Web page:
“If both clubs were to leave without the legacy of a colt team and an annual financial settlement, then Scottish football as an industry would face significant drops in commercial, marketing and media investment.
“Our games may be more competitive with more clubs evenly matched, but that would come with a potential reduction in quality and resources.
“The legacy of a colt team would allow Scottish football to profit from the global success of the parent club or team, but also provide a level of domestic football which would be competitive, interesting and attractive to fans, sponsors and media alike.
“It would operate more along the lines of a community club.
“Only when the parent clubs moved out of Scotland, would the colt team then have the freedom to progress through the leagues unhindered, and based on their sporting success.”

From that statement, I’d like to highlight this sentence –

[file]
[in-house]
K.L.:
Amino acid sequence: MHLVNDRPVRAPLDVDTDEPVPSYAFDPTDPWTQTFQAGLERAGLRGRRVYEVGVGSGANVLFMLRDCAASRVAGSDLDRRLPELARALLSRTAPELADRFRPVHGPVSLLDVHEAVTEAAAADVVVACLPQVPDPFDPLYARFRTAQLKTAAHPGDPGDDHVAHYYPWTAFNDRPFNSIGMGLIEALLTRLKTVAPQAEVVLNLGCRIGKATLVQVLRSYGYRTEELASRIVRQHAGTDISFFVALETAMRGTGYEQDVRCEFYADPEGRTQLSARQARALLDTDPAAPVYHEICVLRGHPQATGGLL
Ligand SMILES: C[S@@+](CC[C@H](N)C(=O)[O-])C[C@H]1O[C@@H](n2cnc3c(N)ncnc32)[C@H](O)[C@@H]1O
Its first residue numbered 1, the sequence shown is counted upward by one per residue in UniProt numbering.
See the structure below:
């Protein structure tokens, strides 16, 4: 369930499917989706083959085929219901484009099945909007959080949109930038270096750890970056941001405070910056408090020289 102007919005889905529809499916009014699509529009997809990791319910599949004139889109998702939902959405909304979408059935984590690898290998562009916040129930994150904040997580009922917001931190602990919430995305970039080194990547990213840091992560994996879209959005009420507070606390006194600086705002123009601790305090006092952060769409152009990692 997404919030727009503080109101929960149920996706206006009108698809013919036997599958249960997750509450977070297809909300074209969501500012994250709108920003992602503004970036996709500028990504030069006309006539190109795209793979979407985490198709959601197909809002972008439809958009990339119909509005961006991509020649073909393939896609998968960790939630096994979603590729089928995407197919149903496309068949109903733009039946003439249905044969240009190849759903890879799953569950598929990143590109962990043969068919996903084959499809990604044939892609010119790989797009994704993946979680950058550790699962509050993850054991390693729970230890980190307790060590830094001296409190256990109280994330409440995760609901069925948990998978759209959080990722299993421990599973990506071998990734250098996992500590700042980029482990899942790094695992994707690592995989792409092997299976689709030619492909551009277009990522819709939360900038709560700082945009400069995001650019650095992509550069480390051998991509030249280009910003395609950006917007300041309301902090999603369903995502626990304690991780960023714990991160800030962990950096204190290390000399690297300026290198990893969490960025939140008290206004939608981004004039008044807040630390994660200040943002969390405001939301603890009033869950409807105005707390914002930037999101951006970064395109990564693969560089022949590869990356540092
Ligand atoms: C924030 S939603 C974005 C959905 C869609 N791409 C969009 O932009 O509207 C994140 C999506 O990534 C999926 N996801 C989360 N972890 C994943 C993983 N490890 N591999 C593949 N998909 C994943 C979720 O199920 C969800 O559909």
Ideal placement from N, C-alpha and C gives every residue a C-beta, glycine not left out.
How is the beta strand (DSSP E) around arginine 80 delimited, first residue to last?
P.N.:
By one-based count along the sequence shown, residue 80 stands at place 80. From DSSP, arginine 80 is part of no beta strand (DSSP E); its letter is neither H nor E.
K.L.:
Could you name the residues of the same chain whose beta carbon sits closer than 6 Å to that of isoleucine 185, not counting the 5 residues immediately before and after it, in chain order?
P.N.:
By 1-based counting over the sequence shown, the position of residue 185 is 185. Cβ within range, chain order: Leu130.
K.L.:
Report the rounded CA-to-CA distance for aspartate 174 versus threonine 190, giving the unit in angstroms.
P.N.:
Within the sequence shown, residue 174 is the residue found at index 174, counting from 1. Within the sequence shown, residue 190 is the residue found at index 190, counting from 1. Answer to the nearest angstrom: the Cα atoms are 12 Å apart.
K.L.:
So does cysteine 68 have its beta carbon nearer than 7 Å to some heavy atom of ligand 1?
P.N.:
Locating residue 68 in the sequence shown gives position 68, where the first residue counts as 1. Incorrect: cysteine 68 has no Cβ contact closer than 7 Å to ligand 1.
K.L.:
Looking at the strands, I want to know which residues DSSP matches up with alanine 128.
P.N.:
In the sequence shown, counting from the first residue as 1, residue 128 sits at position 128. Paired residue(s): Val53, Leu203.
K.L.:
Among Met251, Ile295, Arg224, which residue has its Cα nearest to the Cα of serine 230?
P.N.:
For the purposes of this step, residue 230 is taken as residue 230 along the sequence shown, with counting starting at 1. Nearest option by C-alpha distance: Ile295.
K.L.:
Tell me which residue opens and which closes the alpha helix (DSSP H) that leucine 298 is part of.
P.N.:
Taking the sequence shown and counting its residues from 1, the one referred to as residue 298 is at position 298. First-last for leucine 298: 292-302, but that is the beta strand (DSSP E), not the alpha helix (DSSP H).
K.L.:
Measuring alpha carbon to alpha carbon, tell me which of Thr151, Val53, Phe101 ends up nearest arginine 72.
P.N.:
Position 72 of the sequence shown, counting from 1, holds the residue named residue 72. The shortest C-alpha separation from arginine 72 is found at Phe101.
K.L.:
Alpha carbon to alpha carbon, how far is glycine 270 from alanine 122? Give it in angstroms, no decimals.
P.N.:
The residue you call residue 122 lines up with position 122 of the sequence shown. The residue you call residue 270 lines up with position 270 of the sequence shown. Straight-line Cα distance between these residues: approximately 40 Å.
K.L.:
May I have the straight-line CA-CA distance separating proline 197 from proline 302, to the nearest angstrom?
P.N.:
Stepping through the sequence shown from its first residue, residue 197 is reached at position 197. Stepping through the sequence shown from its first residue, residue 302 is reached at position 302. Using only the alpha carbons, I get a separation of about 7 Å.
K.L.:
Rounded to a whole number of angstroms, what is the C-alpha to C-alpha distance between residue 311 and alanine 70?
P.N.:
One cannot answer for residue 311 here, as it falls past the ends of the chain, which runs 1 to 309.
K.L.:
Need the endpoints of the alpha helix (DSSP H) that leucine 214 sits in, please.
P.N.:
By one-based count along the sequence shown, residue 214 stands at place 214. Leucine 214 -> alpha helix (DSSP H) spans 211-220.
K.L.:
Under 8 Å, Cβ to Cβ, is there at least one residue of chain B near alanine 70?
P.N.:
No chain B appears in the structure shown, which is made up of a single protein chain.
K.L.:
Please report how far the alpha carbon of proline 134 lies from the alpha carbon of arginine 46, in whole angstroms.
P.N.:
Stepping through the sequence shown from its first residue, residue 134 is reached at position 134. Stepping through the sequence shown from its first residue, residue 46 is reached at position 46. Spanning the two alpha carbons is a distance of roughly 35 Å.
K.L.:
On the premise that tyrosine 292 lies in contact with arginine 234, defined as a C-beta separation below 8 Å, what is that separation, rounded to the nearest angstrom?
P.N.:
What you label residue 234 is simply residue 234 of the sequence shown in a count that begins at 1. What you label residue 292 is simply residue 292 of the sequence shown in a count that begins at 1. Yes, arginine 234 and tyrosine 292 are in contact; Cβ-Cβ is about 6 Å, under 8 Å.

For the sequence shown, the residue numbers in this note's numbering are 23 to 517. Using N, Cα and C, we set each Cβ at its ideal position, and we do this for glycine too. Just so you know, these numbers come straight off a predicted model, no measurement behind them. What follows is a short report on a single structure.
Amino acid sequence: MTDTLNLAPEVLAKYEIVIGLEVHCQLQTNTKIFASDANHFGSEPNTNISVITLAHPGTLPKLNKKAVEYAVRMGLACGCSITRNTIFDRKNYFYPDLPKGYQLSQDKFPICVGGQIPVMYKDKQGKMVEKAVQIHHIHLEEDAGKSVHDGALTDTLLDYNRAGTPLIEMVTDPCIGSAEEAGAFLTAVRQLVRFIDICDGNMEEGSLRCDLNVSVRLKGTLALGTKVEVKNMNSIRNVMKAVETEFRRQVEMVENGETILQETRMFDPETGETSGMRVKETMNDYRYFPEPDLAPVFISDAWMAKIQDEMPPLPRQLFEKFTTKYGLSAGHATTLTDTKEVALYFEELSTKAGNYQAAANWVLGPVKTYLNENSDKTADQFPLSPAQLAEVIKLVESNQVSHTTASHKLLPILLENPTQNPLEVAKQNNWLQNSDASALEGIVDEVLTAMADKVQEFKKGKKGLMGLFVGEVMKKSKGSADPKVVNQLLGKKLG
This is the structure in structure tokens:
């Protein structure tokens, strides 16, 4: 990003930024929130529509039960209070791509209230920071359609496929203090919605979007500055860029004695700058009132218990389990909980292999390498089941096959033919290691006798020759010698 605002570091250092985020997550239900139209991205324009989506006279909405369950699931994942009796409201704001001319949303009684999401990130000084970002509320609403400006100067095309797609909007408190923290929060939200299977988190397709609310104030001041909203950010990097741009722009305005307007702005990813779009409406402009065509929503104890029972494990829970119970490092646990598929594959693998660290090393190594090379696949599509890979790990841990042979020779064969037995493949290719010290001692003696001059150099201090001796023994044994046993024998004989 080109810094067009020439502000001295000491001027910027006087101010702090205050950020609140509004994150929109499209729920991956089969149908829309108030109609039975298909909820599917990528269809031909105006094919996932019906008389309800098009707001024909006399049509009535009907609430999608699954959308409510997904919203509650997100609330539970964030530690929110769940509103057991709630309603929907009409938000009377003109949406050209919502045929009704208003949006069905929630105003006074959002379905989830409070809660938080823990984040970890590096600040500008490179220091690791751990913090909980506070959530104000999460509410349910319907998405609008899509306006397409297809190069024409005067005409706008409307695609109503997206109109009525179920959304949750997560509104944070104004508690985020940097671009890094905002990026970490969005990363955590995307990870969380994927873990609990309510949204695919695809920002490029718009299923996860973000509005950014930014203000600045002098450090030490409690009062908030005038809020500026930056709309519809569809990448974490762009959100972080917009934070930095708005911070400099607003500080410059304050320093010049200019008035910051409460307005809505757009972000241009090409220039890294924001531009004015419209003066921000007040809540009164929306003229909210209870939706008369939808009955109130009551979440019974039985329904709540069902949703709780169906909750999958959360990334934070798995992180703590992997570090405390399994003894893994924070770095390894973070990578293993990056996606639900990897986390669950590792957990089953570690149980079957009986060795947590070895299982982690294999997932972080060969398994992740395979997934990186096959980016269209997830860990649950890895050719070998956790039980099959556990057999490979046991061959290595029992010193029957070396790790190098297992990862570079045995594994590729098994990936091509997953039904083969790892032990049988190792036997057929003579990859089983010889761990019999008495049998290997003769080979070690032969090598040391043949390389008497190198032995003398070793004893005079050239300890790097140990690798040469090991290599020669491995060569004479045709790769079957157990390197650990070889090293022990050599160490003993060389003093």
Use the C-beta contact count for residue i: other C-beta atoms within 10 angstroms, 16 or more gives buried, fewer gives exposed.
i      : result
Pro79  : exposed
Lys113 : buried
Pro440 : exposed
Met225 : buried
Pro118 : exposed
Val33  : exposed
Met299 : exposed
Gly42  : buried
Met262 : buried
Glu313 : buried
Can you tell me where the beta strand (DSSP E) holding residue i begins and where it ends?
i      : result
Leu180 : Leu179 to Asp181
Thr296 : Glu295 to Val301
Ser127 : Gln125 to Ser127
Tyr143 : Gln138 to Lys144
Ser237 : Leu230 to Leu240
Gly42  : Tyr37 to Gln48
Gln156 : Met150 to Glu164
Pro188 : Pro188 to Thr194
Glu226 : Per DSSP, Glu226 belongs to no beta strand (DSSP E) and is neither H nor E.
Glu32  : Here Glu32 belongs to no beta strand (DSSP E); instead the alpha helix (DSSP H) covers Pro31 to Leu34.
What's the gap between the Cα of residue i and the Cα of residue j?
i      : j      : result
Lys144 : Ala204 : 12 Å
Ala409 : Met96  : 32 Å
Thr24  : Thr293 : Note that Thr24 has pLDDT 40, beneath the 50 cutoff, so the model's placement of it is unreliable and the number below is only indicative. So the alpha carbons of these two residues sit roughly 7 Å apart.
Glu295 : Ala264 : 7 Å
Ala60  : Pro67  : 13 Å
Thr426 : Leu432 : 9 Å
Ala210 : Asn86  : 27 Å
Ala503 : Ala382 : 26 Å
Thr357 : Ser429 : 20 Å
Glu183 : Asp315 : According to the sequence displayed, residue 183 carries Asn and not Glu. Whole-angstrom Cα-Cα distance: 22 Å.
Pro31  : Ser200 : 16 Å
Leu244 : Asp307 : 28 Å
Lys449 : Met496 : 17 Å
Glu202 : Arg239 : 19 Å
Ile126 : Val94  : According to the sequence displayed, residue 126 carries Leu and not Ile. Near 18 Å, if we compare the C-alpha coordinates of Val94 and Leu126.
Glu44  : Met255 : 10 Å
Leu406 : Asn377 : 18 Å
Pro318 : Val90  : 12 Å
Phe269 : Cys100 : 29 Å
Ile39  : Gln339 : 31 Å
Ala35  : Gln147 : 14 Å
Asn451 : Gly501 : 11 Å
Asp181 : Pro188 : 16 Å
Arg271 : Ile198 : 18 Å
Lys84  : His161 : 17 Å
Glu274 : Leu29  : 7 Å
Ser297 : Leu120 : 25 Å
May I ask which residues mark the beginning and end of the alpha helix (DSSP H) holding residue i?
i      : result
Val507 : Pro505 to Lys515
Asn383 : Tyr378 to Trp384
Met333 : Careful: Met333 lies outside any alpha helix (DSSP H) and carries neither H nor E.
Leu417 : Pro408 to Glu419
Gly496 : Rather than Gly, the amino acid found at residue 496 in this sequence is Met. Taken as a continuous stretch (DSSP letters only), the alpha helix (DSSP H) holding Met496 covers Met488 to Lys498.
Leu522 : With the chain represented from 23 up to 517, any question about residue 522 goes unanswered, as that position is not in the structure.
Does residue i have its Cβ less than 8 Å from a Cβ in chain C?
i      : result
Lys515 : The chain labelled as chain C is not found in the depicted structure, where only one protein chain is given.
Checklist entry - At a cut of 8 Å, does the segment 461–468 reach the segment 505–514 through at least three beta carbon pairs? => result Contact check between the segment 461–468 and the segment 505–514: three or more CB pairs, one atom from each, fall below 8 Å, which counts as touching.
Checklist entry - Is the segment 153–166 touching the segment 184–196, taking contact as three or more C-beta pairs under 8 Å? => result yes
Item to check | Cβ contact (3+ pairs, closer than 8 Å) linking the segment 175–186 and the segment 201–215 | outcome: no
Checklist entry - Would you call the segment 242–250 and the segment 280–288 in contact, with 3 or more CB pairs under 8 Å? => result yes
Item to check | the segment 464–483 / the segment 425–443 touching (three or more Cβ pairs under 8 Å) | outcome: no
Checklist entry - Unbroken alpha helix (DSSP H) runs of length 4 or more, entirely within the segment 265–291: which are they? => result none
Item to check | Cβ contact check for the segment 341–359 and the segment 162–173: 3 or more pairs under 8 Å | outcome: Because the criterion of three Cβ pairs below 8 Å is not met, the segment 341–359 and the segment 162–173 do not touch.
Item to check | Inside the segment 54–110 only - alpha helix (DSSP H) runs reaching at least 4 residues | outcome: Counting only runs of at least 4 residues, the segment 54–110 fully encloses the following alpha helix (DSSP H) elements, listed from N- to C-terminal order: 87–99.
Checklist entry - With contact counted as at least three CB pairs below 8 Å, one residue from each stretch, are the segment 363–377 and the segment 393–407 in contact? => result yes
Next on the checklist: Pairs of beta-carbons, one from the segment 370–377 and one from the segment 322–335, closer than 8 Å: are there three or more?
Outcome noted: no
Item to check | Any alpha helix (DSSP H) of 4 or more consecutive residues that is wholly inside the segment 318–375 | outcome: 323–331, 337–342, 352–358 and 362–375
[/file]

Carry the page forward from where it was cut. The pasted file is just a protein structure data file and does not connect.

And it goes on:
“Our games may be more competitive with more clubs evenly matched, but that would come with a potential reduction in quality and resources.”
So Mr Longmuir, rather than creating a competitive league, which would be entertaining and therefore more marketable (over time), you would rather we continue making sure that our league is one of the most uncompetitive in the world, whilst also allowing the Old Firm to have teams in another league, keeping their pockets lined, while Scottish football is left with the “reserves”?